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Israel: No Peace in Sight

Author: Leslie H. Gelb, President Emeritus and Board Senior Fellow
May 16, 2011
Daily Beast

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The Arab Spring has come crashing onto Israel's doorstep. It was bound to happen. Eventually, Palestinians unhappy with their lot would take inspiration from their rebelling Arab brethren throughout the region and turn against Israel, their nemesis. Equally inevitable, Israel is responding, fearfully, with bullets. Arab dictators in Syria, Yemen, Bahrain and elsewhere can get away with force against their protesters. Those dictators can even keep killing until their rebels' voices are silenced. But for a true democracy like Israel, a country all too familiar with history's tragedies, shooting unarmed people never sits well and cannot be the answer.

Despite the perils of force, however, extending the olive branch is not the answer either. Offers of conciliation or negotiation would only incite the Palestinian protesters to greater demands and perhaps greater violence themselves. By all previous reckoning, they would interpret Israel's out-stretched hand as a sign of weakness. Besides, Israel was defending its borders. And those borders with Lebanon, Syria, and others are every bit as “established” as Poland's now incorporating big chunks of Prussia or France possessing Alsace-Lorraine. These European borders are the product of conquest, just like Israel's. Further, it would be folly to forget what Israelis can never remove from their minds: the Palestinians crushing against the borders don't really want to negotiate with Israel; their goal is to destroy the state of Israel.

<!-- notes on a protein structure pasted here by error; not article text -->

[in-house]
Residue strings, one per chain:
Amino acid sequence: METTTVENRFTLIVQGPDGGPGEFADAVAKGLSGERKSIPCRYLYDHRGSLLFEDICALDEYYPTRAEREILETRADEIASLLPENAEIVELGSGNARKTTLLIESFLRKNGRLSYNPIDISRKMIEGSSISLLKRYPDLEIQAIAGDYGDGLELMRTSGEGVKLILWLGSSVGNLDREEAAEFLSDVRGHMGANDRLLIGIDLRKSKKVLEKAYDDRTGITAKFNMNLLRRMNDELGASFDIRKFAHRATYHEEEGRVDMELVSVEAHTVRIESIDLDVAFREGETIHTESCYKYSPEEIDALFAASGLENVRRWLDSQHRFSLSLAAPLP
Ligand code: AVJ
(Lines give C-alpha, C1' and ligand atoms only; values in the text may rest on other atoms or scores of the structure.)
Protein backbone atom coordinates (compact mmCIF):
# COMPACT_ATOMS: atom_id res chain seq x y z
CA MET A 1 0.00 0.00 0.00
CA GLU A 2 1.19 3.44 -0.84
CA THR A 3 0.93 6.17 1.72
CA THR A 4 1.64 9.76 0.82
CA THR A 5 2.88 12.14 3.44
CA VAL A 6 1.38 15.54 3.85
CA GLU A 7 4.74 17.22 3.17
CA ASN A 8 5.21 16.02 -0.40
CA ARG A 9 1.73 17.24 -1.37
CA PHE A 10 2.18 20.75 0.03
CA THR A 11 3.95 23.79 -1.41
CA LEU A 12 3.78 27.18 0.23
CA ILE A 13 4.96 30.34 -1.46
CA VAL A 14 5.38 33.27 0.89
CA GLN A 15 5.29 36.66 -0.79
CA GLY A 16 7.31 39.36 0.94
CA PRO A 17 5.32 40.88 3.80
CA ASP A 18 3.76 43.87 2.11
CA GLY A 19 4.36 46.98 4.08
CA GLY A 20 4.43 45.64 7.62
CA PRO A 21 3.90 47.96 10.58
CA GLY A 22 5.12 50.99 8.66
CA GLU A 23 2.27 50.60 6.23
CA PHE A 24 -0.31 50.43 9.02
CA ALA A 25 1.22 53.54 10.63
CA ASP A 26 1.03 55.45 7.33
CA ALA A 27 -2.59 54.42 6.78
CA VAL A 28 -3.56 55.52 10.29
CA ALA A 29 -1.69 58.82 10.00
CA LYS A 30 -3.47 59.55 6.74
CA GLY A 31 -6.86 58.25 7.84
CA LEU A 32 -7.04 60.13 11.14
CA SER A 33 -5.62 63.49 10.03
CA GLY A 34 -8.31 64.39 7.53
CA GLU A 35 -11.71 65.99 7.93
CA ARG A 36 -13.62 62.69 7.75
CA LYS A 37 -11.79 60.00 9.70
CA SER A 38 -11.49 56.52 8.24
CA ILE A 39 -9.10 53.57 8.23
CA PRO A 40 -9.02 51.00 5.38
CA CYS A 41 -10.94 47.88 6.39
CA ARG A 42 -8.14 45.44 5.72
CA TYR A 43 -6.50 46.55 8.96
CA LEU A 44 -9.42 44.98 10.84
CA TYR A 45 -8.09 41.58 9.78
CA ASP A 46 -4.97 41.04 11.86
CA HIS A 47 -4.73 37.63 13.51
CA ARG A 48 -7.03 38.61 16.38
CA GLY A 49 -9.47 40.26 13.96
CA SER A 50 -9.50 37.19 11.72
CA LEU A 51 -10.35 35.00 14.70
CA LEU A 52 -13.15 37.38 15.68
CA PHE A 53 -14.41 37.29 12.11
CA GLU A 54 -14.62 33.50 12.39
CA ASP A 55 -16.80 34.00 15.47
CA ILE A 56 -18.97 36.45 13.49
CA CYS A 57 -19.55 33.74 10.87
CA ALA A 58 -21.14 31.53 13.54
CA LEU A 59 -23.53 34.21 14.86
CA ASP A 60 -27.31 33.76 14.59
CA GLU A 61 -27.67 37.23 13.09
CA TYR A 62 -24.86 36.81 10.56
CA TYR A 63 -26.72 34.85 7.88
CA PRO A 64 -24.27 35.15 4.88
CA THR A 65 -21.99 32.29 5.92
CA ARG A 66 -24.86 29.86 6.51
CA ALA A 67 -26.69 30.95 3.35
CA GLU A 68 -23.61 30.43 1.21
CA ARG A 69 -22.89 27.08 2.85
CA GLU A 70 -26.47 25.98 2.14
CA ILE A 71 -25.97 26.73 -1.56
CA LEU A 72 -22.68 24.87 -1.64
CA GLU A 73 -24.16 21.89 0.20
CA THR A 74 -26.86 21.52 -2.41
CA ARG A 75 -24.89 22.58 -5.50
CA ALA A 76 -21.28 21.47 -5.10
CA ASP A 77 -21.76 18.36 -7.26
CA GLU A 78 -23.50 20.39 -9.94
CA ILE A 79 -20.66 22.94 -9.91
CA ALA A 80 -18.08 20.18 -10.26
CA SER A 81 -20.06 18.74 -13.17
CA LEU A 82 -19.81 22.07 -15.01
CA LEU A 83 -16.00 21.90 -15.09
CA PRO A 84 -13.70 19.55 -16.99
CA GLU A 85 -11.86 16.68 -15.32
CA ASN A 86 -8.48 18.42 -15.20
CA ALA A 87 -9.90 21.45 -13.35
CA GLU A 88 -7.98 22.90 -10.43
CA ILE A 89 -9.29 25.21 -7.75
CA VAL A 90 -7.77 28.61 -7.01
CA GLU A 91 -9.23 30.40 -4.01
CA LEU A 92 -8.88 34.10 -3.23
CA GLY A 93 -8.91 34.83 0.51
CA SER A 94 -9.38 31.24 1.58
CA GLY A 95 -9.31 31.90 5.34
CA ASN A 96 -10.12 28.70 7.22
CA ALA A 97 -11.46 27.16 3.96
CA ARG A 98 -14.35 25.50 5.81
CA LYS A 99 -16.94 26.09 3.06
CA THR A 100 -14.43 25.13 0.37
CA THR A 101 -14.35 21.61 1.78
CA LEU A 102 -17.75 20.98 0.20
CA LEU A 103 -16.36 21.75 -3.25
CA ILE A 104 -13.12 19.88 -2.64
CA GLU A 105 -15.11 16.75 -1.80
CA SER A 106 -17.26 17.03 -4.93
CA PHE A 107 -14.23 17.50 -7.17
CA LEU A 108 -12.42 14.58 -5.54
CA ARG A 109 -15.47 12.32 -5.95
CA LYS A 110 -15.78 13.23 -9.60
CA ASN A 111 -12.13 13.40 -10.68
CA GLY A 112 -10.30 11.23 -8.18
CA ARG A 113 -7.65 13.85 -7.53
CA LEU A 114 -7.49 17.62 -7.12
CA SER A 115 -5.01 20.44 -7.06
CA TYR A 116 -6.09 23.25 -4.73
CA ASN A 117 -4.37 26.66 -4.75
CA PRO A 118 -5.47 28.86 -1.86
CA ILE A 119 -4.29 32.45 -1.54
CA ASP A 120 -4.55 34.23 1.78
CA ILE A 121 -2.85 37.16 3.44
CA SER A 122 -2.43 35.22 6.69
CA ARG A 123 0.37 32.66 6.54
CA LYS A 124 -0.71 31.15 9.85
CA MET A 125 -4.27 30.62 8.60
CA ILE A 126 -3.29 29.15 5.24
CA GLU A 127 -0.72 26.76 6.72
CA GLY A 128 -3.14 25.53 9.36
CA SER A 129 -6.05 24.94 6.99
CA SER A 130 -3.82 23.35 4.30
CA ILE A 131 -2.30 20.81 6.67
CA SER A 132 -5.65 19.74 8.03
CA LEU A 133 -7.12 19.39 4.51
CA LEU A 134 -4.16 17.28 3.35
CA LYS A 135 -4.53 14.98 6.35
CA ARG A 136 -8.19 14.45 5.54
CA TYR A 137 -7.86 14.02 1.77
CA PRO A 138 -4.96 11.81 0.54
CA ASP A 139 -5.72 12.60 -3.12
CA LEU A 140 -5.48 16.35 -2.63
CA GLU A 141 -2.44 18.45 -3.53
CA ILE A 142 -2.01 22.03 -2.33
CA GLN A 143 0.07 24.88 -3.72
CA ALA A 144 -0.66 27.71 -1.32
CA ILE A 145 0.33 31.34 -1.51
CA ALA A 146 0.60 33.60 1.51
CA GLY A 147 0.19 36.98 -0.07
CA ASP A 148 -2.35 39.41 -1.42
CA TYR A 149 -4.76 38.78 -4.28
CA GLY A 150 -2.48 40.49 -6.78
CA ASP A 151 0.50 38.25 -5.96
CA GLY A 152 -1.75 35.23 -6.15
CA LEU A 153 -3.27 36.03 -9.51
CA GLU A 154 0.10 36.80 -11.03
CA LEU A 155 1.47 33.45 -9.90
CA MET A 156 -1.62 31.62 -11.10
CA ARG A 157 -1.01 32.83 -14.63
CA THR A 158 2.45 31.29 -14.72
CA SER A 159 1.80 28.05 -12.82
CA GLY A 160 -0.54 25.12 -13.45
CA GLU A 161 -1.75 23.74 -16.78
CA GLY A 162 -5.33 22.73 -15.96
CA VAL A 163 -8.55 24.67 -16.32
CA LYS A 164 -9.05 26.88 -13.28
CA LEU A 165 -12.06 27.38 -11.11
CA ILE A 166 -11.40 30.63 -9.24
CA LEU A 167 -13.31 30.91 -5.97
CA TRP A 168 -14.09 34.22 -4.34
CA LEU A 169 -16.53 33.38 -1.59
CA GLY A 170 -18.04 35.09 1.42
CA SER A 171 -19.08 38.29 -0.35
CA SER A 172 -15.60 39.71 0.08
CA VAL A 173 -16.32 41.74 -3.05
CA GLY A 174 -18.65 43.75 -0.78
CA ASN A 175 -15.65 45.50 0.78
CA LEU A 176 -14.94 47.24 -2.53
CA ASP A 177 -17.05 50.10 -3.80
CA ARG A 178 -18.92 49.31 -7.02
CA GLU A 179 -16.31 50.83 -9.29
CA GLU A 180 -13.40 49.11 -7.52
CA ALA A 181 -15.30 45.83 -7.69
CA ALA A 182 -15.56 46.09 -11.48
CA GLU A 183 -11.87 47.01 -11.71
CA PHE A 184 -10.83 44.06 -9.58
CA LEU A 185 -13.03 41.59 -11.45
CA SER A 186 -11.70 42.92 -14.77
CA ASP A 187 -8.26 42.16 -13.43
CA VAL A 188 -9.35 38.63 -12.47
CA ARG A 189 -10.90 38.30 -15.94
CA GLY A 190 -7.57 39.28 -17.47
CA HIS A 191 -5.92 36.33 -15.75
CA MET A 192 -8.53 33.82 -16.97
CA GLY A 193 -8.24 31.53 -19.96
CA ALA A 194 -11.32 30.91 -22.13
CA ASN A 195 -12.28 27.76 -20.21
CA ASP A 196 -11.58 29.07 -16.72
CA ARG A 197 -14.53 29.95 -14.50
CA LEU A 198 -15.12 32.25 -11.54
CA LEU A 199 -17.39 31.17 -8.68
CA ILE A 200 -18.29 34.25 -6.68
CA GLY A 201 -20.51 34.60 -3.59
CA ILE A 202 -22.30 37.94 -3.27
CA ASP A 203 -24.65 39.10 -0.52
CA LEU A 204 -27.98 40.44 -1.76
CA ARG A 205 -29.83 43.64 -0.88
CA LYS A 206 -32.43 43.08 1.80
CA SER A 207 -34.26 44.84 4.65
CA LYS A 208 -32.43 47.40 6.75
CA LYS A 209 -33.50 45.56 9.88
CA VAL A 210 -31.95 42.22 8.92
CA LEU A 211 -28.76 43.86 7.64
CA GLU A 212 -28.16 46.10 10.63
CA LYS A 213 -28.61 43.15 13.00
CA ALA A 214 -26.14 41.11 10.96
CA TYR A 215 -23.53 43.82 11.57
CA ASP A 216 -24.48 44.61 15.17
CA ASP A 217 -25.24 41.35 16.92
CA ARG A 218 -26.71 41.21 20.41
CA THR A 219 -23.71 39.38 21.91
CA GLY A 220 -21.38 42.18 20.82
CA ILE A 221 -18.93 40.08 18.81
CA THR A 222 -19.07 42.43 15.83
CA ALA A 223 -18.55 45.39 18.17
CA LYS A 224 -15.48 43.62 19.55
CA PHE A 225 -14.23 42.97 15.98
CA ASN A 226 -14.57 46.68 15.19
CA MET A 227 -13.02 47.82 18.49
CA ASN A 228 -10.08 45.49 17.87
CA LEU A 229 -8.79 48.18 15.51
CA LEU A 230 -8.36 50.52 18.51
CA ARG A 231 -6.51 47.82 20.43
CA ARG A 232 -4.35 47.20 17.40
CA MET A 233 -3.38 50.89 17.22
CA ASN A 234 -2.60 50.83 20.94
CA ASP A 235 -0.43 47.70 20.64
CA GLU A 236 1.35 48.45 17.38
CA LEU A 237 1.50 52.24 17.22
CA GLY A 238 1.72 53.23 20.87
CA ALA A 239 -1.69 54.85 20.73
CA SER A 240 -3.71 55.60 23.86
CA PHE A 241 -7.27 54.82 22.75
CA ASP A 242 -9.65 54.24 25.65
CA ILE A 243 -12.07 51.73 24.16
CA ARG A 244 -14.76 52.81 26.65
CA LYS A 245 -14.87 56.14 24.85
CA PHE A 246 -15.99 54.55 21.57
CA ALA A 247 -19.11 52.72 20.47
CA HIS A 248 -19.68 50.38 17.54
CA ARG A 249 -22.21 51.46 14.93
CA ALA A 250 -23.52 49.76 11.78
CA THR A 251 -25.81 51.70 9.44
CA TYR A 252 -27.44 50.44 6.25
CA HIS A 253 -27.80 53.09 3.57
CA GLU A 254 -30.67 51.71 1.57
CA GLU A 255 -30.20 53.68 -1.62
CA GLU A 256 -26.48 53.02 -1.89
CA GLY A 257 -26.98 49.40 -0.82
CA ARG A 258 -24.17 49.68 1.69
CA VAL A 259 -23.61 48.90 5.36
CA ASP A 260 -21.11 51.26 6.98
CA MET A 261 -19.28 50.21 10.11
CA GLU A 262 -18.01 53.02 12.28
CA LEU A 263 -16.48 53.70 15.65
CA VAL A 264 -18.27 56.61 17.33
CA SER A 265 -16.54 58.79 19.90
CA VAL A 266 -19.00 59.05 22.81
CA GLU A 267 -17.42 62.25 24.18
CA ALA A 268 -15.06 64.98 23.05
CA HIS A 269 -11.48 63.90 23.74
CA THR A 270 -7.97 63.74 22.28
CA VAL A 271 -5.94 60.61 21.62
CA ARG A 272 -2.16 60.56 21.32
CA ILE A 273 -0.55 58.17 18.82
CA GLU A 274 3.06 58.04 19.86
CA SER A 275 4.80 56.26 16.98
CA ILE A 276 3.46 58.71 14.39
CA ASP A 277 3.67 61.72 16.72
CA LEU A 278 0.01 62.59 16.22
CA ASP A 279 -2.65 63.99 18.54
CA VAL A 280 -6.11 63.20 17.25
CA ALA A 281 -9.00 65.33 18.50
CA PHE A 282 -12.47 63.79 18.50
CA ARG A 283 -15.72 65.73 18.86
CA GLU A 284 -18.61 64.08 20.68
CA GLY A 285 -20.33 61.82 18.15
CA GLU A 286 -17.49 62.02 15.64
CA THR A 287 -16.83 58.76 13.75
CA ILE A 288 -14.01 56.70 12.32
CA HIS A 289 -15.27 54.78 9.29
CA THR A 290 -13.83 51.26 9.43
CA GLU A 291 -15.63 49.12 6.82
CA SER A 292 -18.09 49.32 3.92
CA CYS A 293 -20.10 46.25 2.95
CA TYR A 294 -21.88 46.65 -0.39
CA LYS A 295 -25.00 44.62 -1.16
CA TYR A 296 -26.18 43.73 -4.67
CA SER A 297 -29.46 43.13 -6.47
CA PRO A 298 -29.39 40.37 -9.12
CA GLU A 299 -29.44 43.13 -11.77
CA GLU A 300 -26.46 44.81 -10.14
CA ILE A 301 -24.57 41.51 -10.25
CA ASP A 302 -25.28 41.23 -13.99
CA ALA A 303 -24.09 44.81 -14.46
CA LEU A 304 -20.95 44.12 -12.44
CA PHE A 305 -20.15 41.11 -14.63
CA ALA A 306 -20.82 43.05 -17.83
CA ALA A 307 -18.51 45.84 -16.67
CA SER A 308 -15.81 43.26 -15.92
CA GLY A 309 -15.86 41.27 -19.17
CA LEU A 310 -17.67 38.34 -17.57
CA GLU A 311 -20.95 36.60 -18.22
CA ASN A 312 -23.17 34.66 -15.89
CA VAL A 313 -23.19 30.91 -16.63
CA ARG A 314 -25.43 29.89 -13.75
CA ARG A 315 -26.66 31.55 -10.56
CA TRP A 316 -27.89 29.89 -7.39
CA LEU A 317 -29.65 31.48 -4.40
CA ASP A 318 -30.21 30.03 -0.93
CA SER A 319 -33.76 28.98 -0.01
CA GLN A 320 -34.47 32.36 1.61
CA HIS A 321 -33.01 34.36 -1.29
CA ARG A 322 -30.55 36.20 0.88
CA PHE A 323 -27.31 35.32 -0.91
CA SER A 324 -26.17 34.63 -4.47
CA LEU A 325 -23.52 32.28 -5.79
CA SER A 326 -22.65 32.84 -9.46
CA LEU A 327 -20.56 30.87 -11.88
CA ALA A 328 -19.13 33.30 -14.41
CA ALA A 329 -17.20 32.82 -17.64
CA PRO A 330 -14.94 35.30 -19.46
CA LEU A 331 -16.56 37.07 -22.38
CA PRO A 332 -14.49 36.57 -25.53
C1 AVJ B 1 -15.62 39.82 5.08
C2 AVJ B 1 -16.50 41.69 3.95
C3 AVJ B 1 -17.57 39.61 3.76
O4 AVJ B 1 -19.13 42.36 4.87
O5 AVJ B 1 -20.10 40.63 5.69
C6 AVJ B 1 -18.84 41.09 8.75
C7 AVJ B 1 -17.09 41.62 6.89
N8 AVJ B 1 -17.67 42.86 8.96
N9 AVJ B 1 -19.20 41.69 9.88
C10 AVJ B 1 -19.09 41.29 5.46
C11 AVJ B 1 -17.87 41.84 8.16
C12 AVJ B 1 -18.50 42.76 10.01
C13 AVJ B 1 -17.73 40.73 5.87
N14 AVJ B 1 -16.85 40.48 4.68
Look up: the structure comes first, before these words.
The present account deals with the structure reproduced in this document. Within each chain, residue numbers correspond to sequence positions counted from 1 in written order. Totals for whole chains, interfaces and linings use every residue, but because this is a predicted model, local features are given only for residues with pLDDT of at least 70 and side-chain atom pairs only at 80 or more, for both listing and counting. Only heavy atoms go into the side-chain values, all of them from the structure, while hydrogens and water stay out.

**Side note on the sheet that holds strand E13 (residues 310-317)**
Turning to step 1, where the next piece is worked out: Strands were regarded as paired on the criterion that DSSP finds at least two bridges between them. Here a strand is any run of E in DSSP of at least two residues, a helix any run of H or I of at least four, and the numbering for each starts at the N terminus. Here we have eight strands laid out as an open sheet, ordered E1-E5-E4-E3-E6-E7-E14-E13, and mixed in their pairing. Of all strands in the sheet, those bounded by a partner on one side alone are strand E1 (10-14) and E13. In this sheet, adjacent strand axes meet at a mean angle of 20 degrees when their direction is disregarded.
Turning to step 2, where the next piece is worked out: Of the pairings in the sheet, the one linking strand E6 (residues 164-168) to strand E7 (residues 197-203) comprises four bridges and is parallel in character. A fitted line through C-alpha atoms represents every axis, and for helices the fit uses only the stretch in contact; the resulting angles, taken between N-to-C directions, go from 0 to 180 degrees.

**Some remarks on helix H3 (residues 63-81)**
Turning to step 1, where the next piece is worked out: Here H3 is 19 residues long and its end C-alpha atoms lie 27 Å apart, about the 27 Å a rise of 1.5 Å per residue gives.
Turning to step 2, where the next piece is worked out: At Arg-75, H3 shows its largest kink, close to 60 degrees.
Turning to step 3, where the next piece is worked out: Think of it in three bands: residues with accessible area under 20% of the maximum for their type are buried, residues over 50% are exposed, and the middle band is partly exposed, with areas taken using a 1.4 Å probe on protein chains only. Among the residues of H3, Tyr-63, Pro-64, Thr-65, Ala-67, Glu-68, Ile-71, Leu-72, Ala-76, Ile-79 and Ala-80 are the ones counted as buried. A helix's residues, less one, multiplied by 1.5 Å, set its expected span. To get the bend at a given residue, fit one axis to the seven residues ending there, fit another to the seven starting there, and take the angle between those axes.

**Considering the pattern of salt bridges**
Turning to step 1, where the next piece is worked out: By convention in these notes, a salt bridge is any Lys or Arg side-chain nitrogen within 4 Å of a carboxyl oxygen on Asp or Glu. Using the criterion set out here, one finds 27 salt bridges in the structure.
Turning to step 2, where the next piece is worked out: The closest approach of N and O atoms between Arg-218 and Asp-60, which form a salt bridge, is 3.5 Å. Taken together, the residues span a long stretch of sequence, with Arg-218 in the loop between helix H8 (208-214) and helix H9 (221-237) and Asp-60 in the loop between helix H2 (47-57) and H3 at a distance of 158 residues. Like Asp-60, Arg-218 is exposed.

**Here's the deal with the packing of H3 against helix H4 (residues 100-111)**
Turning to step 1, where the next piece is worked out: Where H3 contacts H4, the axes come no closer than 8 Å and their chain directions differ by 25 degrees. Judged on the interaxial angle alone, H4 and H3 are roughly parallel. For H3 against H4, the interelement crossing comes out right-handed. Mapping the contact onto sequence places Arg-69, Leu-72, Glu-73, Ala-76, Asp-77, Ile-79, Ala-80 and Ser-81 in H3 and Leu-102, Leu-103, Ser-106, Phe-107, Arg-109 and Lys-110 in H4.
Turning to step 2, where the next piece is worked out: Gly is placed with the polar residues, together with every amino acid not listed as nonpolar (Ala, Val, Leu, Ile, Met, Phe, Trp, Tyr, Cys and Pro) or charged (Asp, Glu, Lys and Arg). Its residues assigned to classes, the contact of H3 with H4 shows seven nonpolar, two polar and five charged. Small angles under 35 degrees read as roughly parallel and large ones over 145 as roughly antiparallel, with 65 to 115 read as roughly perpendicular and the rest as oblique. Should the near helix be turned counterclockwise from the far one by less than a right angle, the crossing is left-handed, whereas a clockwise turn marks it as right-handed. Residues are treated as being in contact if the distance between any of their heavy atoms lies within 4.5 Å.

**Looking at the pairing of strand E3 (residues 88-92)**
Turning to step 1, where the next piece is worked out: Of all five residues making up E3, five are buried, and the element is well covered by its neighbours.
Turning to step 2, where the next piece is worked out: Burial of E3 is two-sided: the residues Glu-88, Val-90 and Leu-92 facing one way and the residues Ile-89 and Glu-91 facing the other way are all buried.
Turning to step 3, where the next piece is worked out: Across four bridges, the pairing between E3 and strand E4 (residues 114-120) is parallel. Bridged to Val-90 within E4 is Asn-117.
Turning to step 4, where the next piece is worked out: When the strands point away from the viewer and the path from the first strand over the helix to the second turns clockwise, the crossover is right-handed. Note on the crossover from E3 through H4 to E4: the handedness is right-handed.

Thus, it was not surprising that the Palestinian border protests erupted last Sunday on the anniversary of Israel's founding in 1948. The Palestinians crashed across fences and other barricades on four fronts: Syria, Lebanon, Gaza, and the West Bank. The numbers varied from a hundred or so on the Golan Heights plateau captured by Israel in 1967 to hundreds elsewhere. The moves were obviously coordinated. Hezbollah clearly helped the Palestinians get to the Lebanon/Israeli border, and protesters could not have approached the Golan Heights without the approval of President Bashar al-Assad of Syria. Estimates put the death toll around 12, with 300 injured. It appears that Israeli troops tried nonlethal measures before resorting to live ammunition as people broke through the lines.

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